2016 is well behind us, but the numbers are still trickling out. The Brewer’s Association just released it’s May/June edition of The New Brewer Magazine. In it they detailed their annual Industry Review where 2016 barrel production for all US breweries was broken down.

For those unaware, a barrel is equal to two (2) kegs and a keg is 15.5 gallons. Each barrel is then 31 gallons. In each keg there are about 110 drinkable pints, when accounting for spillage and head. That means a barrel has about 220 drinkable pints. If you’re averaging $5 a pint, each barrel is worth about $1,000 when sold in-house. If you’re selling all in house and you sell 1,000 barrels (2,000 kegs) in a year, you’re gross revenue is roughly $1,000,000. Breweries take a big hit in revenue when they start to distribute, but it also allows them to greatly increase brewing frequency, volume and expansion.

Here’s how many barrels each Bellingham brewery produced in 2016 from most to least.


K2 Location


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2. 5,654

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James St.


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Structures Brewing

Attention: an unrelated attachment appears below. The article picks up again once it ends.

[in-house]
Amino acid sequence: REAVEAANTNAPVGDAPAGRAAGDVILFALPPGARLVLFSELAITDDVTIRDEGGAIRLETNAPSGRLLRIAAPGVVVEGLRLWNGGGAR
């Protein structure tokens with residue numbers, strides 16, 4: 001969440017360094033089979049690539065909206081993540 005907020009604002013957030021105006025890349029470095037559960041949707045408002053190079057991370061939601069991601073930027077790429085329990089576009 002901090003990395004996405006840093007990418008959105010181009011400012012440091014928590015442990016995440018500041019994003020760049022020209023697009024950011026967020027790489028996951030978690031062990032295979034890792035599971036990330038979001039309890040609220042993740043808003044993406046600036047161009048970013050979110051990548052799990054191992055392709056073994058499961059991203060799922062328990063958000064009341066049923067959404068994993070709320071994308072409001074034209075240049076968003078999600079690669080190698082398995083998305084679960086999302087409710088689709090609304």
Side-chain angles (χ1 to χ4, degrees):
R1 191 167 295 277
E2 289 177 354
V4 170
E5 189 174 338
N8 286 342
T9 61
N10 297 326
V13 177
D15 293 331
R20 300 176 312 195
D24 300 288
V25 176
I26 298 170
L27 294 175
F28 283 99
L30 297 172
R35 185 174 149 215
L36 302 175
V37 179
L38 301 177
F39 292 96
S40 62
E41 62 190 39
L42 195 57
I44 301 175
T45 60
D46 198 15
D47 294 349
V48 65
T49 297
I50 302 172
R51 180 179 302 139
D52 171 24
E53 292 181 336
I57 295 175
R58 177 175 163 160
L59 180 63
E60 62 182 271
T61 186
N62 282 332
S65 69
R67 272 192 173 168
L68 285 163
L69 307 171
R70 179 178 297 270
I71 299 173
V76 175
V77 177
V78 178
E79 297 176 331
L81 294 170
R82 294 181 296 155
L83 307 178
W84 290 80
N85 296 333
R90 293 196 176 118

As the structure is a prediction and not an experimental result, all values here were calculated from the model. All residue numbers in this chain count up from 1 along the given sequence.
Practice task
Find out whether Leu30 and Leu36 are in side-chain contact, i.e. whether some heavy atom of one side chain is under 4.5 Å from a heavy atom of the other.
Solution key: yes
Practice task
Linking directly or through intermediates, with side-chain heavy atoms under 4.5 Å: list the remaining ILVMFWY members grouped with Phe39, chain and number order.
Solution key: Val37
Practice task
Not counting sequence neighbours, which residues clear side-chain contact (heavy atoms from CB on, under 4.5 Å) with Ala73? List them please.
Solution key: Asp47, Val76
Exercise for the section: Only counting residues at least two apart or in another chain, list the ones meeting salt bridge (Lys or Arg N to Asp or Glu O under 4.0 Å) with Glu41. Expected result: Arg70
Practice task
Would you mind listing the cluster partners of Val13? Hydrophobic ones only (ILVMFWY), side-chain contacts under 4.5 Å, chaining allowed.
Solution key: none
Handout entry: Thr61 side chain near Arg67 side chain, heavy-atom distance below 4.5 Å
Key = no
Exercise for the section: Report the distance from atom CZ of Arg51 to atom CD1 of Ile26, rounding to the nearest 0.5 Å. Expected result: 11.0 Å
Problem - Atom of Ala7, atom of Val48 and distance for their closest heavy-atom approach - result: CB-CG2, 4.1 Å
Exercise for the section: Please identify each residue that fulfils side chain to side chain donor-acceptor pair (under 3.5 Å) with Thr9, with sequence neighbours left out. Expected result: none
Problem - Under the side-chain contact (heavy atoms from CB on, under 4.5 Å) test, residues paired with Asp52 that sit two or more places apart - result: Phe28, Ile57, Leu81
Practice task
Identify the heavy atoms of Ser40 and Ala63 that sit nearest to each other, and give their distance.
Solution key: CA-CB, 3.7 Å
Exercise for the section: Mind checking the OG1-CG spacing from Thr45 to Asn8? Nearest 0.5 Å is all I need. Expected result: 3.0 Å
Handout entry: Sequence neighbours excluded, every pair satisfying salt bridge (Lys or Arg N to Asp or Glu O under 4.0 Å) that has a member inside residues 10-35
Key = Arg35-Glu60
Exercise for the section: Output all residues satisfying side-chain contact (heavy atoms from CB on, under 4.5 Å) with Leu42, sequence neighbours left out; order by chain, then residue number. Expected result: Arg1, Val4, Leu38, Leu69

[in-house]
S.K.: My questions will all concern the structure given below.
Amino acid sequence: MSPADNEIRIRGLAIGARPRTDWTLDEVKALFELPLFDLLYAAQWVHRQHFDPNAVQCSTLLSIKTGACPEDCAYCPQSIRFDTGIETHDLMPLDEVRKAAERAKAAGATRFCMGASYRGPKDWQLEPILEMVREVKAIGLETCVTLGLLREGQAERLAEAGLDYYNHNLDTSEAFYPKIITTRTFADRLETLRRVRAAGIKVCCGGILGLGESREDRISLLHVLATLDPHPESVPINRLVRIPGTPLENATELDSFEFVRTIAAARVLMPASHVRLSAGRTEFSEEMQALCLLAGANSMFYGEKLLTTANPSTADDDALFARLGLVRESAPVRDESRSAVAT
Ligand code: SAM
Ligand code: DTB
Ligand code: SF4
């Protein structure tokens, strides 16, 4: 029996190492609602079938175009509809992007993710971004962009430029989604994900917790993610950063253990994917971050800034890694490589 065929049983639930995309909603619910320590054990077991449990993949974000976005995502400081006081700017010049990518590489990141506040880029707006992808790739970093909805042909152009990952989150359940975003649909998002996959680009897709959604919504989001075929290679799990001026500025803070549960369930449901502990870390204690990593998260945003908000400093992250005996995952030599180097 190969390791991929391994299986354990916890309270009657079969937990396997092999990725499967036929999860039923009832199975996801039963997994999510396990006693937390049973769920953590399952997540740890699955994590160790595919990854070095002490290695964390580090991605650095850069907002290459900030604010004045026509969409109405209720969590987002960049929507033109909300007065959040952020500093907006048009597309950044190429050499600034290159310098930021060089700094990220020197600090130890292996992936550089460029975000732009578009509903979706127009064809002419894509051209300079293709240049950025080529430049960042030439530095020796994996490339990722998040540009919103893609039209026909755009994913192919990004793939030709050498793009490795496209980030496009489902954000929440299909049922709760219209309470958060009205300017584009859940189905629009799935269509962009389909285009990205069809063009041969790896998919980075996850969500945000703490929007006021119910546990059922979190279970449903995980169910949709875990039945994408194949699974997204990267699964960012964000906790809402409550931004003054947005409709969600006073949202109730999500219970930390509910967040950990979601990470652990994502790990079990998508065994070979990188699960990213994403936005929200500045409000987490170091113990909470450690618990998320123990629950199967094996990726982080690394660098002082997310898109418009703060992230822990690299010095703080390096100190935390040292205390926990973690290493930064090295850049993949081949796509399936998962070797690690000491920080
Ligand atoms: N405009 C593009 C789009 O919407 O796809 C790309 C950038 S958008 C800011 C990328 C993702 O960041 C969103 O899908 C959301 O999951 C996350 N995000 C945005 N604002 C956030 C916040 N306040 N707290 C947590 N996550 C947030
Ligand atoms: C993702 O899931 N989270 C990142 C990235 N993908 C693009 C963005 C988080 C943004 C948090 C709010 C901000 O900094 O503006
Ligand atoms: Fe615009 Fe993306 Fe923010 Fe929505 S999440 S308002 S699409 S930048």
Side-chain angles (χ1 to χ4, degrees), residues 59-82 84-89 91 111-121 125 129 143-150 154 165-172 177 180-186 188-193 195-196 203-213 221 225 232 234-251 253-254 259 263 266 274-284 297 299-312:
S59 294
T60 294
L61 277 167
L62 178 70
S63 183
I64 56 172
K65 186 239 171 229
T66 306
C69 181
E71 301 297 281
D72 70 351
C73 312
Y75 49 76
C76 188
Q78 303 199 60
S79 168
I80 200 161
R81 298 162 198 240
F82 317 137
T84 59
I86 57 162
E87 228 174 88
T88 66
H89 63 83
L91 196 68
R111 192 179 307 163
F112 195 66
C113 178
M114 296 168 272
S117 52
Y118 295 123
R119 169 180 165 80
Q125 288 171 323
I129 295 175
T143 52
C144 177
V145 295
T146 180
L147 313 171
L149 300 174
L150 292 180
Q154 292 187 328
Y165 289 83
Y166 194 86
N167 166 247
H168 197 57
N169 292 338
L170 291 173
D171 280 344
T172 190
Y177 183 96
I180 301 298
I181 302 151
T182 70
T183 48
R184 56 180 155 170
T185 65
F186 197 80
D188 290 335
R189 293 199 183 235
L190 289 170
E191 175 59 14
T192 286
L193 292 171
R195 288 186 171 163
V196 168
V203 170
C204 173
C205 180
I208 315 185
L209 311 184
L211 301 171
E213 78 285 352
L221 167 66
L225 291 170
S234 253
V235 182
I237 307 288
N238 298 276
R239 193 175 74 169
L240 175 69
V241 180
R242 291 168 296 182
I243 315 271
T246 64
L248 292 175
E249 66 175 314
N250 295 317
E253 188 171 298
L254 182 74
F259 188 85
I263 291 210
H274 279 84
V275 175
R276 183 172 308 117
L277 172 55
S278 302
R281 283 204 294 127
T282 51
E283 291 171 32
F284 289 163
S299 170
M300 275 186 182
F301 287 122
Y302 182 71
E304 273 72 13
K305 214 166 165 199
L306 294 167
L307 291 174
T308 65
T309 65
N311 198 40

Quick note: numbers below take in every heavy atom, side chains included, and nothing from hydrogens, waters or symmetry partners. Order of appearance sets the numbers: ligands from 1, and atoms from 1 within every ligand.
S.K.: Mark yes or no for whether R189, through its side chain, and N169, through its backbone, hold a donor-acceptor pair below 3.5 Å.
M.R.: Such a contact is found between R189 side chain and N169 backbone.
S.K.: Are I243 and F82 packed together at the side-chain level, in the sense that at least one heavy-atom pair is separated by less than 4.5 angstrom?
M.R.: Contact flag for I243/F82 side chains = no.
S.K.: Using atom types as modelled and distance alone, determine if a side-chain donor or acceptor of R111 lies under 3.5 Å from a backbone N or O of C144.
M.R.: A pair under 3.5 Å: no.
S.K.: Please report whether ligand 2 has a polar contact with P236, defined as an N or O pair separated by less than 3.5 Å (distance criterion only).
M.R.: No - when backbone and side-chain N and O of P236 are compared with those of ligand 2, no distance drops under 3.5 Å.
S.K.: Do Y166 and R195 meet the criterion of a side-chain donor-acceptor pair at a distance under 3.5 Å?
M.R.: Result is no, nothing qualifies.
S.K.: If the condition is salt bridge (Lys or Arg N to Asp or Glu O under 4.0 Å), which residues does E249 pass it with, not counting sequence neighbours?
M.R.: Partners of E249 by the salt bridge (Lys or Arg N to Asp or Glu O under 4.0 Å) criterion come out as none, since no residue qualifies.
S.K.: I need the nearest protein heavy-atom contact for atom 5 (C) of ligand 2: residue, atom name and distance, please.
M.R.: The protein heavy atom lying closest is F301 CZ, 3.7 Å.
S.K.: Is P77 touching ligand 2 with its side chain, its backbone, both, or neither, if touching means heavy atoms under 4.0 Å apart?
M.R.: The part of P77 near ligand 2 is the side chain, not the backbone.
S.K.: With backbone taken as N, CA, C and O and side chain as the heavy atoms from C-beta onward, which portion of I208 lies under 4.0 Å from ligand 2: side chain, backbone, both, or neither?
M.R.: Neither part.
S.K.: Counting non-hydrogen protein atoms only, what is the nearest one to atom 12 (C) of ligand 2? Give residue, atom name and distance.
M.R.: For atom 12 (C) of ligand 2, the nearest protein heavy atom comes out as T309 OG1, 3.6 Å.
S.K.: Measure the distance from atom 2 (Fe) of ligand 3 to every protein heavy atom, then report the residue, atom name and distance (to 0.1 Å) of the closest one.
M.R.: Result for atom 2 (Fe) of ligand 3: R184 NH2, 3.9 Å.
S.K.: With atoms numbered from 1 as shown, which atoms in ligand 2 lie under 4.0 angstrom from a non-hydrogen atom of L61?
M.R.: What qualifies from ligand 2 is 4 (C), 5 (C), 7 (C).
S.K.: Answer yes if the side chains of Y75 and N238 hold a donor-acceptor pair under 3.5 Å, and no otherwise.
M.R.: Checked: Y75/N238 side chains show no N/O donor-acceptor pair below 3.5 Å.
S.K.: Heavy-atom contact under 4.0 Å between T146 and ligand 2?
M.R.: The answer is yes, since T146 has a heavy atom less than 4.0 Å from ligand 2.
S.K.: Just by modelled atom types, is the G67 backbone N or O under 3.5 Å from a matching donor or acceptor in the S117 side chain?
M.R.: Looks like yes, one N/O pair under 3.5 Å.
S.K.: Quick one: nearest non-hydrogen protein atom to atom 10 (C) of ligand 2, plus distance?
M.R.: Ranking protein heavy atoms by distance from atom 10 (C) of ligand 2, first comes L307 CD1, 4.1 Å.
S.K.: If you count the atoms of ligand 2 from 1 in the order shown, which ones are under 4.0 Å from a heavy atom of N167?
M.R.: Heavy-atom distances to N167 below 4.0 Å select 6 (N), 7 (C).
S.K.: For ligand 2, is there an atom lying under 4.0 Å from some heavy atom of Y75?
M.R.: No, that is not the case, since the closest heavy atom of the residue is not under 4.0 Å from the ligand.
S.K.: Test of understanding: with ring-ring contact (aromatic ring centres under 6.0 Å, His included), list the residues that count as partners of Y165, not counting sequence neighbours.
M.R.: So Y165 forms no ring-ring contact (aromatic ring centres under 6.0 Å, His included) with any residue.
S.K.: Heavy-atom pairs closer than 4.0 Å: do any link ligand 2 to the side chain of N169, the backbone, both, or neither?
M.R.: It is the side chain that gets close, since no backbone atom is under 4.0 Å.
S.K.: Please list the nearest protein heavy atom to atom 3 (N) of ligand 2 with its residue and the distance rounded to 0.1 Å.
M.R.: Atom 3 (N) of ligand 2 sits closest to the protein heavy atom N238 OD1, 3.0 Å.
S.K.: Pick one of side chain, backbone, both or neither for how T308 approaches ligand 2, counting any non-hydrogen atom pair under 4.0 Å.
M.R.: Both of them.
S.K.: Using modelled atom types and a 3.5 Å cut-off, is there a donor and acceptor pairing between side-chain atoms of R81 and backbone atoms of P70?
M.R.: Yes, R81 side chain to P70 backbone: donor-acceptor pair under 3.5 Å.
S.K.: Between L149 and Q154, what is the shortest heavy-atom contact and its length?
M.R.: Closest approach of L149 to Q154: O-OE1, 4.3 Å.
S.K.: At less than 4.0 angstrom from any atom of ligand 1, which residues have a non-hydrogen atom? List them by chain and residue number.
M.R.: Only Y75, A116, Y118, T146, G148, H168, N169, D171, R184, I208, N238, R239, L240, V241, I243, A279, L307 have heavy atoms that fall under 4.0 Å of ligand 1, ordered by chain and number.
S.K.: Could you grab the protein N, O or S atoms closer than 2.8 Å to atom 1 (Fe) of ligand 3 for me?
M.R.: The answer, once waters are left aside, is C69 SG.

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Only produced for ~9 months


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Not listed because they didn’t open until about the last quarter of 2016 in their new location.

Some Notes

Bellingham breweries produced a combine ~25,000 barrels, 50,000 kegs, or ~750,000 gallons of beer in 2016.

Melvin Brewing, which will open here in June, produced 7,896 barrels at its Wyoming location in 2016. Melvin just ordered eleven (11) 240 barrel tanks earlier this year that are headed to its Wyoming location. Melvin Brewing’s Bellingham location will be a much smaller neighborhood brewpub, with a full kitchen and a 7bbl system.

Aslan Brewing hopes to hit cruise control when it reaches 12,000 barrels, which is about 75% of it’s capacity. This will allow the brewery to meet all the demand it wants and take care of all it’s employees.

Wander Brewing has no plans to get any bigger and hopes to stay right around the 2,000bbl production level.

Kushan Brewing Company’s net volume between both breweries is over 8,000bbls, or a 1/3 of Bellingham’s production. At full capacity, K2 should be able to produce about 15,000 barrels a year.

With a leveling, or even declining, national craft market, but an arguably expanding local craft market it will be interesting to see what shakes out in 2017. Where will the barrels be produced, who will produce them and how will the new players impact our craft market? 2017 will be full of answers.